“We need to talk.”

The above phrase is often met with sweaty palms, racing thoughts and other symptoms of panic and anxiety. Whether the request to converse is coming from a manager, colleague, family member or partner, it’s usually a clear indicator that a difficult conversation lies ahead.

The ability to have effective difficult conversations is essential in building and maintaining positive relationships in and outside of the workplace. However, having tough conversations doesn’t come naturally to most people. A VitalSmarts poll found that more than 80% of employees are “cowering from at lest one scary conversation at work” that they know they need to have but are “dreading.” The majority of the poll’s respondents also said that they avoid difficult conversations because they “lack the confidence to speak up.”

From a business perspective, this is concerning: It’s critical that leaders can have candid conversations with employees when they need to. If they can’t, everything from performance to engagement and trust will suffer.

Before digging into the skills leaders need to have difficult conversations with team members, let’s first consider what constitutes a “difficult conversation.”

Difficult Conversations, Defined

In the most recent edition of their book, “Crucial Conversations: Tools for Talking When Stakes Are High,” authors Joseph Grenny, Kerry Patterson, Ron McMillan, Al Switzler and Emily Gregory define a “crucial conversation” as a discussion between two or more people with opposing opinions about a high-stakes issue in which emotions run strong.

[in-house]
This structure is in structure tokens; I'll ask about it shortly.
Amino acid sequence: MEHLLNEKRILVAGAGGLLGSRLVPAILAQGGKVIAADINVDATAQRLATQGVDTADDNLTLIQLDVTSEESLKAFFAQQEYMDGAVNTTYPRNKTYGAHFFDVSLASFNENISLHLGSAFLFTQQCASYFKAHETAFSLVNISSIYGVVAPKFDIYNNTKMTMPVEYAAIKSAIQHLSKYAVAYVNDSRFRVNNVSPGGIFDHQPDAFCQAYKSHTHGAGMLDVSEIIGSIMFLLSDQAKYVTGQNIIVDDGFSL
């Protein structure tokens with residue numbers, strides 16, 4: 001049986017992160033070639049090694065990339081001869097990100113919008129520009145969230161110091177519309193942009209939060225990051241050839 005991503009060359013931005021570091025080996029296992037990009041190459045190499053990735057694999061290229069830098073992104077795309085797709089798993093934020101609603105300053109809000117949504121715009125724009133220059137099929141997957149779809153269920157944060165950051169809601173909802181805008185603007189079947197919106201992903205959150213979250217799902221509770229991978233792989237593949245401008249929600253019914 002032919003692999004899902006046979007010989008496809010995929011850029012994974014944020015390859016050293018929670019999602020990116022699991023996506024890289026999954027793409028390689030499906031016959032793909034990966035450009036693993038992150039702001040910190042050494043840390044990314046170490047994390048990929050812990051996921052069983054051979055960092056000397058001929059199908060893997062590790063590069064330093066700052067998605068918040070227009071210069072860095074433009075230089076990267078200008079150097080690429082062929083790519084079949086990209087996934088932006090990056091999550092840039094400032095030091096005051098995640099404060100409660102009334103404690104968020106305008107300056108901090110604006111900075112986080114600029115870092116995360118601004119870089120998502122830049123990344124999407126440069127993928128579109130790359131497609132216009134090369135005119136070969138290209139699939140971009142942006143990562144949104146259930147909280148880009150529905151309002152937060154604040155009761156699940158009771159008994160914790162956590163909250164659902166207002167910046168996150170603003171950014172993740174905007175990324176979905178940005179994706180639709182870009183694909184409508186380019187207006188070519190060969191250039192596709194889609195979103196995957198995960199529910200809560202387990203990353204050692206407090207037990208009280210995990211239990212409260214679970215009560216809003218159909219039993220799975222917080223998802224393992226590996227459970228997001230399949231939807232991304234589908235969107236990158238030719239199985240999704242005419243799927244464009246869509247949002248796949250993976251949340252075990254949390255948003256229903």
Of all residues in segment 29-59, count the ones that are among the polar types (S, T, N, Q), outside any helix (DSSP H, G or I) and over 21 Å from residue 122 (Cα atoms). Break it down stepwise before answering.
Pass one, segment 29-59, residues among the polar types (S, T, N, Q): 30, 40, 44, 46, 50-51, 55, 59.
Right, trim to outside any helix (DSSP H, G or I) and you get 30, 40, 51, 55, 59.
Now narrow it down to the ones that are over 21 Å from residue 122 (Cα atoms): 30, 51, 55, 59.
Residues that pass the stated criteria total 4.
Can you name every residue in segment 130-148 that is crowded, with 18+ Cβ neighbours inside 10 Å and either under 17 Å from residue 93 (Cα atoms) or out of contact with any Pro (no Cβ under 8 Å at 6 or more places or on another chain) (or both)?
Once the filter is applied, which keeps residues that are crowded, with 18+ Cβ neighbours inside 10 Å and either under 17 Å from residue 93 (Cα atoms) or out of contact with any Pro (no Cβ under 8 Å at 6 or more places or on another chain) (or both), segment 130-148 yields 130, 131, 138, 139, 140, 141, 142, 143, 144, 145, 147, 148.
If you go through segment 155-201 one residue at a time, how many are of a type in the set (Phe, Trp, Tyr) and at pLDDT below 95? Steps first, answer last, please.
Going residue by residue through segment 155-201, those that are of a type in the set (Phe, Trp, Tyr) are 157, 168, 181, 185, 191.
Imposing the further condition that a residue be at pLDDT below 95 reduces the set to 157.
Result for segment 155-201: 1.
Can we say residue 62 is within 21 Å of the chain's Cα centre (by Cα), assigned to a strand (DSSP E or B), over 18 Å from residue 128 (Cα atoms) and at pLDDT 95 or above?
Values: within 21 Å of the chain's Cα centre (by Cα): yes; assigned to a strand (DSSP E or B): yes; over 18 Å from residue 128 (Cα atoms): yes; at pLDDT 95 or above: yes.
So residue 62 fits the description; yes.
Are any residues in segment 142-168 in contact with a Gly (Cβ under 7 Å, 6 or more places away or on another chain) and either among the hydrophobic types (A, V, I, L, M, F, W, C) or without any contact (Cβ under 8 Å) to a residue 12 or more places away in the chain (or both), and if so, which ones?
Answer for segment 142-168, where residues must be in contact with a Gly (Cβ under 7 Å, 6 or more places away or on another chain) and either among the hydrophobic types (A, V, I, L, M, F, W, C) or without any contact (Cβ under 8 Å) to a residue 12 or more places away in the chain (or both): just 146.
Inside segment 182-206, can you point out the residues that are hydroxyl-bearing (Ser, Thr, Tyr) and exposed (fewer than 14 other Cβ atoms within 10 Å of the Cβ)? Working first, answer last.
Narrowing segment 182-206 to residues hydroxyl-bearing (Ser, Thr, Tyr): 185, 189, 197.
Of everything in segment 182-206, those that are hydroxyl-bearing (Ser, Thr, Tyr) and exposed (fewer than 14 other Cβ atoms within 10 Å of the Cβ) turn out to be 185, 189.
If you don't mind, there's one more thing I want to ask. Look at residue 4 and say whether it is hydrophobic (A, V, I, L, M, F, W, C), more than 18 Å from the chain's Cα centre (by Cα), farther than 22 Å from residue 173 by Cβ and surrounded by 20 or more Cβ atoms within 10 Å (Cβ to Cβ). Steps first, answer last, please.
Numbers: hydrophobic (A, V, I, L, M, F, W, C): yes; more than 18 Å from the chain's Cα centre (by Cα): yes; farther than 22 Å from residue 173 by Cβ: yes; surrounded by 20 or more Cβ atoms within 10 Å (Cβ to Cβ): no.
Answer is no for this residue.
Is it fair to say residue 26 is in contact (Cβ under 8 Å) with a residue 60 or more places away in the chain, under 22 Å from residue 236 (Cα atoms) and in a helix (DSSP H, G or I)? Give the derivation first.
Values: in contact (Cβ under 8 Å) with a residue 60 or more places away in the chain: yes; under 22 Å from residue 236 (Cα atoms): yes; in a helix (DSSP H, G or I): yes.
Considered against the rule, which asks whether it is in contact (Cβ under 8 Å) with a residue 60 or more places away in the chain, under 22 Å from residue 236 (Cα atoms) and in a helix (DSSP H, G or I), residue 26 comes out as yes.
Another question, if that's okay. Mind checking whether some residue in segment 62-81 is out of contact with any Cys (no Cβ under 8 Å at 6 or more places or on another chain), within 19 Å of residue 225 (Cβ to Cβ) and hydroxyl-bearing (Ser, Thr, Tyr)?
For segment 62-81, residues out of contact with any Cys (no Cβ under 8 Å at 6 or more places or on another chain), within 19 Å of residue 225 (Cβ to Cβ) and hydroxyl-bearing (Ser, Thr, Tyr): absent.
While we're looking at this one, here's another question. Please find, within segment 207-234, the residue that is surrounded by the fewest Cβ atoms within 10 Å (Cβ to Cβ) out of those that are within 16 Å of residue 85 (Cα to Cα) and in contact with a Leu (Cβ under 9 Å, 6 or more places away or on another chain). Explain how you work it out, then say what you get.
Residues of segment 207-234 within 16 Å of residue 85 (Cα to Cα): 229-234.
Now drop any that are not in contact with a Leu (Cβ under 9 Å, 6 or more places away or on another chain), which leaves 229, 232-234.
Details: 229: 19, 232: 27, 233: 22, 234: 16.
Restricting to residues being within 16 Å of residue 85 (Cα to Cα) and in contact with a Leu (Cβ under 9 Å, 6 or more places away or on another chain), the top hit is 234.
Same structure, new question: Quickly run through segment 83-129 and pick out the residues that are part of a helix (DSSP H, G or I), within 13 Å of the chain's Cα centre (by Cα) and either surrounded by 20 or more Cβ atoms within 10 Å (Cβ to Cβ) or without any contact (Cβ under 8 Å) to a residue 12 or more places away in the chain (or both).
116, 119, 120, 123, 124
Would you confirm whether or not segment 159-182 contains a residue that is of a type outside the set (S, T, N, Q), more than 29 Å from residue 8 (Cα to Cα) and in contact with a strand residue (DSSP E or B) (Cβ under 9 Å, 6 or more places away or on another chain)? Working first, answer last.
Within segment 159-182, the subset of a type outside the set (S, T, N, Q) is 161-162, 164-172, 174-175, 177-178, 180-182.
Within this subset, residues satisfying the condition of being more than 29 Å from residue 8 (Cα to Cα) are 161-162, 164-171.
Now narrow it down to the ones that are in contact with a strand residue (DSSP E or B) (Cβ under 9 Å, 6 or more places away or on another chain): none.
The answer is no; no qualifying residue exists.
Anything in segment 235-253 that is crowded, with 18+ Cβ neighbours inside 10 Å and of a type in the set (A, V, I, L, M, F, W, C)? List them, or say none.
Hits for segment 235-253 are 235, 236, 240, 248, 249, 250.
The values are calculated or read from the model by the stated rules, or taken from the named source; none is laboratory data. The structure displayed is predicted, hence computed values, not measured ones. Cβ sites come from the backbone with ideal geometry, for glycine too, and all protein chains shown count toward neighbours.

Lori Mazan, co-founder and chief coaching officer at Sounding Board, Inc., a leadership coaching provider, agrees that difficult conversations are those that “raise emotions for one or both parties.” Thus, a conversation becomes “difficult” when the person on the receiving end or the person delivering the information feels nervous, hesitant, fearful, stressed or another combination of heightened emotions, she explains.

There are many types of difficult conversations that leaders will need to have with team members, and some are more difficult than others. Some common ones include giving constructive feedback, communicating that job roles and/or responsibilities have shifted and even having to lay off an employee, says Rashim Mogha, general manager, leadership and business portfolio at Skillsoft, author of “Fast-Track Your Leadership Career” and founder of empowered Women of the World (eWOW).

How Training Can Help

Having tough conversations “is all about soft skills,” says Laura Smith Dunaief, CPTM, a Training Industry Courses instructor and founder and chief learning officer at CareerCraft. Regardless of the message, leaders need to be able to articulate their message “in a way that others can hear them” and also be prepared to consider new perspectives.

For many leaders, these human-centric skills don’t come naturally. After all, Mogha says, for the longest time, the definition of leadership has been to keep your personal and professional lives completely separate, and to avoid bringing emotions to work.

Leaders might have gotten away with avoiding emotions at work in the past. But in today’s business environment — which the COVID-19 pandemic has drastically humanized — if leaders want employees to be invested in and committed to the organization, “they’re going to have emotions at work,” Mazan says.

To prepare leaders to navigate difficult conversations in the new world of work, start by training them on foundational soft skills, including:

Active Listening

Listening to understand is key to an effective difficult conversation, Mogha says. In fact, in most instances, leaders should be doing more listening than talking. Active listening also means asking thoughtful questions and considering the other person’s responses without judgement, Dunaief says.